Cuffe added that there are important areas the State needs to consider “very carefully”, such as what aspects of transport to focus on, so savings aren’t given to those who can afford to make necessary changes anyway.

‘I sincerely hope this provides the needed evidence for the policymakers to take heed and act on the climate action plans’
– PROF FIONA REGAN

A majority of Irish people surveyed by the EPA were shown to support climate action, with 79pc believing it should be a high priority for Government. Most people support spending carbon tax revenues on programmes to reduce carbon emissions and to prepare for impacts of the climate crisis.

Prof Jennifer McElwain, chair of botany at Trinity College Dublin, said the report clearly shows the public is “shouting loudly” for political leadership and climate action.

“We should be very proud as a country of the high level of engagement and understanding demonstrated in the responses to this survey,” McElwain said.

But while a majority of people in the country support climate action, a 2021 review by the Climate Change Advisory Council released last week found a significant time lag between climate policy and action in Ireland.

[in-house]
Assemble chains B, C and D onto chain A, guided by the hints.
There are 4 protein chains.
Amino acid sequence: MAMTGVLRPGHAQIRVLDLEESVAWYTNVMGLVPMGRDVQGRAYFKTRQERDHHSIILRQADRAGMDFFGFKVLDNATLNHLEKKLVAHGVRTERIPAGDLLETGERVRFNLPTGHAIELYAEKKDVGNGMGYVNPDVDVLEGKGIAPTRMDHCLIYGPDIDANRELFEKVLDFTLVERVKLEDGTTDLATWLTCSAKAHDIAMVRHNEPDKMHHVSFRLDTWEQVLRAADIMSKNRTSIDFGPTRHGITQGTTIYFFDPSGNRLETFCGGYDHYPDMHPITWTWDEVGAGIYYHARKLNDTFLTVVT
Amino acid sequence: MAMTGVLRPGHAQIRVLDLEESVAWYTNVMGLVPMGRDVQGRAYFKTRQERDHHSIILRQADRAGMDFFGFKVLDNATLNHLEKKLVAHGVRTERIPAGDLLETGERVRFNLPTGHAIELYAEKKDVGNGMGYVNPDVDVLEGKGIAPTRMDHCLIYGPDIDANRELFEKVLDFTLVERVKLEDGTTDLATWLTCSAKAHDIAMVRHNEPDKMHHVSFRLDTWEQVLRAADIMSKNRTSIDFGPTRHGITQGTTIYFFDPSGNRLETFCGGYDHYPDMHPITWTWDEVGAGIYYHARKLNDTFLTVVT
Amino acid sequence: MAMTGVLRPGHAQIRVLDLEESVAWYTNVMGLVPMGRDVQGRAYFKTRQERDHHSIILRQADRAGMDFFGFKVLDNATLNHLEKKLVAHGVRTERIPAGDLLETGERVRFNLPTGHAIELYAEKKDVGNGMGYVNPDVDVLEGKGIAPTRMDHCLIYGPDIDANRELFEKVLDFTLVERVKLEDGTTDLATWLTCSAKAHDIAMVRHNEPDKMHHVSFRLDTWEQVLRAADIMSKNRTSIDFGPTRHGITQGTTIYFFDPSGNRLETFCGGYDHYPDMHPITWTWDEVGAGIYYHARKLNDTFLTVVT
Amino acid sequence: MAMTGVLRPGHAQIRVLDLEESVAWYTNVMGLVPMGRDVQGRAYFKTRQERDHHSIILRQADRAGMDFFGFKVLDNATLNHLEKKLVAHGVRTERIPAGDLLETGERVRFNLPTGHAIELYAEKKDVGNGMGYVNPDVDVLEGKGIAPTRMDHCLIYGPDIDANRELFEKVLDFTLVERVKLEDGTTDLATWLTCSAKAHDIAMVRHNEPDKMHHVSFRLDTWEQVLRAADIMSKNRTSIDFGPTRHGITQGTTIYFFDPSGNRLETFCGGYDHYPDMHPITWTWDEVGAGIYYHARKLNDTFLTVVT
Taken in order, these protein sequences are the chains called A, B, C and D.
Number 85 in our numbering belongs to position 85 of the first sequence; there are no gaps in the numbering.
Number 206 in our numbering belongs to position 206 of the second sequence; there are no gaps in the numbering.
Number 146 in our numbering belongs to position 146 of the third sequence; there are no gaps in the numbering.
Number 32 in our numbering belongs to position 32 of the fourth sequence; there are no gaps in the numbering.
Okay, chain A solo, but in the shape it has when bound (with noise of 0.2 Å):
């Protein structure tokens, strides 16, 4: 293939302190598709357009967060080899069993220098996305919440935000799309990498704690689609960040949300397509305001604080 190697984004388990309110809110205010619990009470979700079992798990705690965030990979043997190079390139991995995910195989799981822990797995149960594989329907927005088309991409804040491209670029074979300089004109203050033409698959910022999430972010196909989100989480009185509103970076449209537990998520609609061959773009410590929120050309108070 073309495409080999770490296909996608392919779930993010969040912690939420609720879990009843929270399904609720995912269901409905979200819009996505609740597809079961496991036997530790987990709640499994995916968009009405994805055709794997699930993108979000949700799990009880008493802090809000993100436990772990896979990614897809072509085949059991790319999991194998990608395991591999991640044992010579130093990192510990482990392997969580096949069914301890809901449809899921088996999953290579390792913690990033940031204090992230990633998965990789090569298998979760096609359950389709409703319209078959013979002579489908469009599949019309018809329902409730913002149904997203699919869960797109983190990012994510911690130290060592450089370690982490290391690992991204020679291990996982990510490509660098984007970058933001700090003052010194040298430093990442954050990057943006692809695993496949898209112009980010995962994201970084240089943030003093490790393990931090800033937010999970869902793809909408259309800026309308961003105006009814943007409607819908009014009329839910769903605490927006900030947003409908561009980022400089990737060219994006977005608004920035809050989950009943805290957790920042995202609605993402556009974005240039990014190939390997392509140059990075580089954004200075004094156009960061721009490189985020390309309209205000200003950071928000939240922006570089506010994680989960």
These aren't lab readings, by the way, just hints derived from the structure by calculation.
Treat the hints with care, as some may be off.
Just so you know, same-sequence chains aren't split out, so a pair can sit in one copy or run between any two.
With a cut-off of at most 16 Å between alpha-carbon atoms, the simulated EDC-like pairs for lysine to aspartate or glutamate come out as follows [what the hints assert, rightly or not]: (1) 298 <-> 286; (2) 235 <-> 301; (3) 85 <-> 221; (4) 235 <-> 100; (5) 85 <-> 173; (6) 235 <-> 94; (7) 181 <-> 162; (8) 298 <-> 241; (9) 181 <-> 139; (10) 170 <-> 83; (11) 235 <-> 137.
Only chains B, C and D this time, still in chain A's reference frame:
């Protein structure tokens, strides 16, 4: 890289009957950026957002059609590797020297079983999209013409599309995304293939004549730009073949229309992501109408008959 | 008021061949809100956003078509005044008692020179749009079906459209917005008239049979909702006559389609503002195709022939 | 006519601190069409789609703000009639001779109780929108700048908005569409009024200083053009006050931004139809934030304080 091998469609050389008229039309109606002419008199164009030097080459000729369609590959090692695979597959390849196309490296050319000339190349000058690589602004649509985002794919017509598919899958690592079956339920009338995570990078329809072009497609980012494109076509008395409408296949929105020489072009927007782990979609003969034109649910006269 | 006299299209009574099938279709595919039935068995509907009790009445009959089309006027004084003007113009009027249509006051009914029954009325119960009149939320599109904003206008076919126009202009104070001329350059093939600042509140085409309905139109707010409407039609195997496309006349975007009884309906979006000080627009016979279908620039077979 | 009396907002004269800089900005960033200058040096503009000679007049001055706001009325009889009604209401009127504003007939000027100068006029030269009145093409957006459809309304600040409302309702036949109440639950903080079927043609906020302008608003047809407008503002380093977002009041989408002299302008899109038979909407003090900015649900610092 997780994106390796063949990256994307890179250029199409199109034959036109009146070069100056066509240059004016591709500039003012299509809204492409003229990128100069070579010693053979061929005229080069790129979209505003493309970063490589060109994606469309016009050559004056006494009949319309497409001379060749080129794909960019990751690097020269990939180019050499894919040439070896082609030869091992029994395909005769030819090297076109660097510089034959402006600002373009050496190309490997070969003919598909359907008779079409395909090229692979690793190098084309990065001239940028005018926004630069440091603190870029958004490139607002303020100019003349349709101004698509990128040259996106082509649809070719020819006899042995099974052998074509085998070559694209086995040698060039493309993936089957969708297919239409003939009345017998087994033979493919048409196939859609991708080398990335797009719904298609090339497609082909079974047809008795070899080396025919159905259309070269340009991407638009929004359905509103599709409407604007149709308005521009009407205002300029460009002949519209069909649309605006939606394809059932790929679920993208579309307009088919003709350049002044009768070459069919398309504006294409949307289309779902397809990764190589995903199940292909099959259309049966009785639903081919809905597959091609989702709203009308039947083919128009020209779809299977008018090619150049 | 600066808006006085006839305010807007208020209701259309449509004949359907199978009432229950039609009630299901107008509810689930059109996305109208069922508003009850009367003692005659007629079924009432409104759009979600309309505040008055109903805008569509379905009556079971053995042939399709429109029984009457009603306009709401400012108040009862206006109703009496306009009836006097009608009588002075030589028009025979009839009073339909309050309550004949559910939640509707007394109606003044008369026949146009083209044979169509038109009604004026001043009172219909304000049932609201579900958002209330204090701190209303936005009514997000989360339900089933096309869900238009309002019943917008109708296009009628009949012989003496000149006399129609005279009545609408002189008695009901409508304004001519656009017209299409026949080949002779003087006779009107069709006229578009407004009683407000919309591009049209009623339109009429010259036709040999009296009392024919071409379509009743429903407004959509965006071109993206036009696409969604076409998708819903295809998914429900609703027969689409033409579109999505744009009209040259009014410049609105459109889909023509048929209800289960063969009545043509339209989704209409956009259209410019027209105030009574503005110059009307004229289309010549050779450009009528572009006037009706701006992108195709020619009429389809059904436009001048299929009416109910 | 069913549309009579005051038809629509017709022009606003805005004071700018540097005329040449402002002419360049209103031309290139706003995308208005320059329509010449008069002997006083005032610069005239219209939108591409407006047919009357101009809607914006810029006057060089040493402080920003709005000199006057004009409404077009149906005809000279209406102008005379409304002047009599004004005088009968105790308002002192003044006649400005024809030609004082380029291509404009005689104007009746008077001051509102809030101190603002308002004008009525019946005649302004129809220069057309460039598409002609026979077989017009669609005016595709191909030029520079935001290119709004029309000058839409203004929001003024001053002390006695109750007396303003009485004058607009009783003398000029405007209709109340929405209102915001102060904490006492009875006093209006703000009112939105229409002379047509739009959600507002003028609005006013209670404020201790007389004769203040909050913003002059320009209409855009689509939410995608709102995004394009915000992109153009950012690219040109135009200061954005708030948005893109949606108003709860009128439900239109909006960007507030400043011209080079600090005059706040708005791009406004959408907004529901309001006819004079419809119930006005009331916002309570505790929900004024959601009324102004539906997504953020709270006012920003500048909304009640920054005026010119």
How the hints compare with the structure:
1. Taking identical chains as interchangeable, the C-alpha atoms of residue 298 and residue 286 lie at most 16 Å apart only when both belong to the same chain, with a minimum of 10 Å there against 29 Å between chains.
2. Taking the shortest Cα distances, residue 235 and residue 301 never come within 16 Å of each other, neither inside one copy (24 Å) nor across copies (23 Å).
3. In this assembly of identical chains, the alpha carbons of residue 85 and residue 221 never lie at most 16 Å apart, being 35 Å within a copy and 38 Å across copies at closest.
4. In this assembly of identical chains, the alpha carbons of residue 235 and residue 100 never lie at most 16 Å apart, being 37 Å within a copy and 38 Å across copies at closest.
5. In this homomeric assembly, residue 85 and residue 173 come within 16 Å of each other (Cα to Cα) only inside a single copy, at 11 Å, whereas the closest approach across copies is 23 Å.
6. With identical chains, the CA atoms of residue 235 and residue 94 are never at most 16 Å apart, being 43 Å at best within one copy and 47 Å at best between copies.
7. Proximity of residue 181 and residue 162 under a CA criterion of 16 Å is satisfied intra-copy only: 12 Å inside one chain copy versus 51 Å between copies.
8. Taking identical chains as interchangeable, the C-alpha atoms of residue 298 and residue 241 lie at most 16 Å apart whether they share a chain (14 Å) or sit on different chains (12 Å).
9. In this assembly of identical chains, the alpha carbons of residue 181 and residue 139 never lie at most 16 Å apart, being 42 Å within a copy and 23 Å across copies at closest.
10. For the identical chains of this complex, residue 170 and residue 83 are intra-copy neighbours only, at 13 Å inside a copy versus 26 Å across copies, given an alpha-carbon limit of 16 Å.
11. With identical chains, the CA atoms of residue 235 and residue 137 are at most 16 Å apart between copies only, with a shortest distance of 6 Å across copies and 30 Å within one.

In science we trust

Scientists were regarded as the most trusted source of information about the climate emergency, with the EPA coming second at 89pc and educators at 88pc.

Prof Patrick Guiry, director of the Centre for Synthesis and Chemical Biology at University College Dublin, said it’s a good sign for the future that people seem to appreciate the views and knowledge of the scientific community.

“It is reassuring that in contrast to many countries worldwide, the Irish people respect its scientists and the fact that their views are based on evidence,” Guiry noted.